What are MS Disease Modifying Therapies?
Dr. Bourdette explains that DMTs are treatments which alter the course of MS and control the disease. They decrease the frequency and severity of attacks of MS. This decreases the probability that someone becomes more disabled from the disease. These DMTs are grouped into "first" and "second" generation drugs.
The first generation drugs were released in the 1990s. There are two classes of these first generation drugs: beta interferons and glatiramer acetate. A beta interferon is a protein that cells in our body make. Recombinant technologies were used to turn this into a drug that can be given in high doses. It modulates the immune system and helps to control the disease in MS. Glatiramer acetate is a different class of drug. It’s not an interferon, so it works through a different mechanism. It also controls the immune system in MS.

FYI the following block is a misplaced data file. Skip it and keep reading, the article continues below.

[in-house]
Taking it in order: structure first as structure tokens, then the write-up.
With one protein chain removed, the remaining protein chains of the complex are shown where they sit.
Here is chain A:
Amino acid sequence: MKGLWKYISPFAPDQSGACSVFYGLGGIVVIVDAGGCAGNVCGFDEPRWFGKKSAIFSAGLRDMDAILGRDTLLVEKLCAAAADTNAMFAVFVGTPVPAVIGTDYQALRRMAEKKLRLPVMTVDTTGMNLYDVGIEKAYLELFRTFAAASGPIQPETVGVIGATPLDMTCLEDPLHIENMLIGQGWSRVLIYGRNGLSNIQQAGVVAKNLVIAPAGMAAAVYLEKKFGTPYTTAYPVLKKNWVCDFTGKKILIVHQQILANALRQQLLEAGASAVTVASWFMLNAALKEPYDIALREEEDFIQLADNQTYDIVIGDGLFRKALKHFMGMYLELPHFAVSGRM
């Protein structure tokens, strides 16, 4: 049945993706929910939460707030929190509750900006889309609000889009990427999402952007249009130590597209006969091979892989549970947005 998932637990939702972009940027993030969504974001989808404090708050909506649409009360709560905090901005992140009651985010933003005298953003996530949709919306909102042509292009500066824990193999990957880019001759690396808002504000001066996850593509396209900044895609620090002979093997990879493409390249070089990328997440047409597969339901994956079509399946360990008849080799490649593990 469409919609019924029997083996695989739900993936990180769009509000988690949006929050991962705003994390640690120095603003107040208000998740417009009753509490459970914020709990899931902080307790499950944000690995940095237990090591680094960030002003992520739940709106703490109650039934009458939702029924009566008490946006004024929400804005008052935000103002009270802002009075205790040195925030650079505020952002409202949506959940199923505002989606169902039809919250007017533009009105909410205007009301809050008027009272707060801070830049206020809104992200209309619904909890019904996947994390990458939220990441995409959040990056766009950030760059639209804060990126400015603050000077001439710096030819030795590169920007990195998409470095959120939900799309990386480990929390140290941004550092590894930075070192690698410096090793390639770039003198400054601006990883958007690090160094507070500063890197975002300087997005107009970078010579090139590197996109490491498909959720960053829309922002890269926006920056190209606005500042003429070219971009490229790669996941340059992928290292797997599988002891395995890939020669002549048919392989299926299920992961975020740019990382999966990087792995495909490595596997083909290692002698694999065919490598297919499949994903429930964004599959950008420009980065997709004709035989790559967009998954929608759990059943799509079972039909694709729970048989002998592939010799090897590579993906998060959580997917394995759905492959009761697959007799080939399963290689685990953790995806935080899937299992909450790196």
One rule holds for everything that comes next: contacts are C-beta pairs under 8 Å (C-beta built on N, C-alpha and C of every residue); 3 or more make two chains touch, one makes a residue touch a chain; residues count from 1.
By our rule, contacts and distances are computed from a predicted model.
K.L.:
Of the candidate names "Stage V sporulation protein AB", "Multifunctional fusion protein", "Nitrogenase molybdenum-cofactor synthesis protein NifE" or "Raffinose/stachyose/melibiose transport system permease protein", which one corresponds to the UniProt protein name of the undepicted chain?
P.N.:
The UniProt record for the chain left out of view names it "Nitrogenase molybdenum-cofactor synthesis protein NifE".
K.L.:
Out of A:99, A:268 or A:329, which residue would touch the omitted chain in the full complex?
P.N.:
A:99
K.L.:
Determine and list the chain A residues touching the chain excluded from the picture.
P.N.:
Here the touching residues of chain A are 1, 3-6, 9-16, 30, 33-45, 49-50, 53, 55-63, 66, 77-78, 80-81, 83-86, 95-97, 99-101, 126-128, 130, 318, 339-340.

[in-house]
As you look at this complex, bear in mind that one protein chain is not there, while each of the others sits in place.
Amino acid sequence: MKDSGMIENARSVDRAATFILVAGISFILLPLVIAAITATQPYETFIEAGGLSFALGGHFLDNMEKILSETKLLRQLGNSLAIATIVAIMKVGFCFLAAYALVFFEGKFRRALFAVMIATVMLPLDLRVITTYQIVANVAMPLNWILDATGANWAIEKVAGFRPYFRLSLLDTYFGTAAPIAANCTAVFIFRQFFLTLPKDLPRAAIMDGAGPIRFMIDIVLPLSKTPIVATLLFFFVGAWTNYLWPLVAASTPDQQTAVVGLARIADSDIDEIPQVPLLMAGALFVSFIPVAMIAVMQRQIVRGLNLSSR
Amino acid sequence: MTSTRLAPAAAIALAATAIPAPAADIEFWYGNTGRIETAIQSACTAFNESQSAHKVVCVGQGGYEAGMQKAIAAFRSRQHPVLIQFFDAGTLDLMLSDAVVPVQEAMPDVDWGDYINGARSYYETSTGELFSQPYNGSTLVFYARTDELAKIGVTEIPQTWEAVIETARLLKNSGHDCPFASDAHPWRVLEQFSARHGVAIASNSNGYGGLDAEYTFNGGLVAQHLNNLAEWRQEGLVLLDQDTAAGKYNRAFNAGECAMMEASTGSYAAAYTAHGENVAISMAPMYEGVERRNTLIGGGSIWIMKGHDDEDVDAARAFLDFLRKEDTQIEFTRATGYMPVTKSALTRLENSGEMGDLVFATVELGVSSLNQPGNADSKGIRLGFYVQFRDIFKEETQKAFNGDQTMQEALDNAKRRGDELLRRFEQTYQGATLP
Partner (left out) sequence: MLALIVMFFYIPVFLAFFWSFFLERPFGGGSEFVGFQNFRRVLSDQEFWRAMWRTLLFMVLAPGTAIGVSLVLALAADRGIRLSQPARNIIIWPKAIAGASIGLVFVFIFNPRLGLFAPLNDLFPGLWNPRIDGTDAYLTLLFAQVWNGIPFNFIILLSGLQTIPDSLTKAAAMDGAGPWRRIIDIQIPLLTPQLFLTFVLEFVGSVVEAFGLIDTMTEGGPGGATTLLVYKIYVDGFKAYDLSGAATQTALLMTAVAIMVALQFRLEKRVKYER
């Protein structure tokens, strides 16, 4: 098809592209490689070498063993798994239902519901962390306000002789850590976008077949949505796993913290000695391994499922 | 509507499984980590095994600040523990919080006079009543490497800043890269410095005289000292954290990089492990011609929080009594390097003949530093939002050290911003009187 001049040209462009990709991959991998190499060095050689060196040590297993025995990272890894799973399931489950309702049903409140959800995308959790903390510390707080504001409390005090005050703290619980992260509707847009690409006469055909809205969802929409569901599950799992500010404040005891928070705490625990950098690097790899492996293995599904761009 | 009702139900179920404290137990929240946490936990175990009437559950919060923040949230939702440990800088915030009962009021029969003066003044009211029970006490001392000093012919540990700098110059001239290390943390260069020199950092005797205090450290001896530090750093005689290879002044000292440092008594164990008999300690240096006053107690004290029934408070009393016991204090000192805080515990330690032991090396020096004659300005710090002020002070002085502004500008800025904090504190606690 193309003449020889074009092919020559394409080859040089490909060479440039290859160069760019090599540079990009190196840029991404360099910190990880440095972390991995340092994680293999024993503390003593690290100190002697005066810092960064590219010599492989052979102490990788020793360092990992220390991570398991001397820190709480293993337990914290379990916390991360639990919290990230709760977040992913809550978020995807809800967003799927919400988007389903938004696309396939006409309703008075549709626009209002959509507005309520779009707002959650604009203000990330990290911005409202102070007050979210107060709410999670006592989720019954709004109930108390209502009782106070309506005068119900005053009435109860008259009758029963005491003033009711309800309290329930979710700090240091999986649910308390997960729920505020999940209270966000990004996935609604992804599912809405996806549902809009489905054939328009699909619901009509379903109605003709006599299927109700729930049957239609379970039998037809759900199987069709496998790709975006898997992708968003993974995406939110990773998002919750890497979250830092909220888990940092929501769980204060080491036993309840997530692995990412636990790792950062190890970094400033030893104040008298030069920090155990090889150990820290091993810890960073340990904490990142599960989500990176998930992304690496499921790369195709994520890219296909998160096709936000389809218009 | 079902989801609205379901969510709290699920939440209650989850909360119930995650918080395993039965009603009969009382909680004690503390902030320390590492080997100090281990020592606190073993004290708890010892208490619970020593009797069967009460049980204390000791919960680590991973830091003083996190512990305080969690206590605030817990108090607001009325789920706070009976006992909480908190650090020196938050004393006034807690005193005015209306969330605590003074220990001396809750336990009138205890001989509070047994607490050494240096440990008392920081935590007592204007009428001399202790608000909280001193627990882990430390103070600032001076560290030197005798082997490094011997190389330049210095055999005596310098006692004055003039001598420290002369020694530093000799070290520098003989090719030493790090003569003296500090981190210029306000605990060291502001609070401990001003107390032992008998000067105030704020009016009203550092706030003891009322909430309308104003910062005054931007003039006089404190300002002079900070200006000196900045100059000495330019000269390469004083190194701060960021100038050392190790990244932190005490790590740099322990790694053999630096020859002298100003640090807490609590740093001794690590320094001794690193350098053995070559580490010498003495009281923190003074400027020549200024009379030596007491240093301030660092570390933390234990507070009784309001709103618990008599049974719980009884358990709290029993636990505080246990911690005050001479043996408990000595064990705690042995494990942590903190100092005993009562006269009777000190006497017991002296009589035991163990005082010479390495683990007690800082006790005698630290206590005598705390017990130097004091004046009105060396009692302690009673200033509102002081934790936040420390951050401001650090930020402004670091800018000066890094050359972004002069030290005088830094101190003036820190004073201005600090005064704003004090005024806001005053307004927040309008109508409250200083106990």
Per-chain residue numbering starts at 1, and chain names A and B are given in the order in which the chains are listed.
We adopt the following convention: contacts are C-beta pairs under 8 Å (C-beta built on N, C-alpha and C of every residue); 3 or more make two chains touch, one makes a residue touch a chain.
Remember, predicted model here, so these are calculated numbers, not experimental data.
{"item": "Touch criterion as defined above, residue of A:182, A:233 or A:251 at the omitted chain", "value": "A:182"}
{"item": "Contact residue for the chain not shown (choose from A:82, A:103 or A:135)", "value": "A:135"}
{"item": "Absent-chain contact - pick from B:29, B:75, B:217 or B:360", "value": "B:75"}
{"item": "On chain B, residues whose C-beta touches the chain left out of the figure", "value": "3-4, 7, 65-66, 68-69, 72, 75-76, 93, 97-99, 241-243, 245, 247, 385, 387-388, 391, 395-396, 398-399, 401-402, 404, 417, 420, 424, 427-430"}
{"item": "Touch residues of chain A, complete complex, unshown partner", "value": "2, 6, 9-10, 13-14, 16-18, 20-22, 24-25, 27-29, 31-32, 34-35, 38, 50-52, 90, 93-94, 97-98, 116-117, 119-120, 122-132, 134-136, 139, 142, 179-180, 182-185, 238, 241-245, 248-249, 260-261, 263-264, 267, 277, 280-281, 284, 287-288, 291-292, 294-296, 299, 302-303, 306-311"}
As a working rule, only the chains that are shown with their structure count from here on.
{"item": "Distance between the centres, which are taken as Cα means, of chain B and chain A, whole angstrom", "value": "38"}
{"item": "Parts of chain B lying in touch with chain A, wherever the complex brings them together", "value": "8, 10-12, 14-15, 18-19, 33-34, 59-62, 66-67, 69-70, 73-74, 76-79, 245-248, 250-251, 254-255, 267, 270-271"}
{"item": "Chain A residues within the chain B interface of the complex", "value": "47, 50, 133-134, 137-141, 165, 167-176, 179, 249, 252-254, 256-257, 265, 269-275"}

The first of the second generation drugs was a chemotherapy drug, Mitoxantrone or Novantrone which was registered for the treatment of aggressive forms of MS. It’s rarely used now for MS because of cardio toxicity and risk of inducing leukemia. The other two second-generation drugs are used by a large number of patients. Natalizumab or Tysabri is a monoclonal antibody. These are recombinant antibodies that target specific proteins. In this case, it targets a protein on white blood cells and it blocks the white blood cells from getting into the brain and the spinal cord. The other recent second-generation drug is fingolimod. It goes by the trade name of Gilenya and it’s the first oral therapy for the treatment of MS. (4 minutes)
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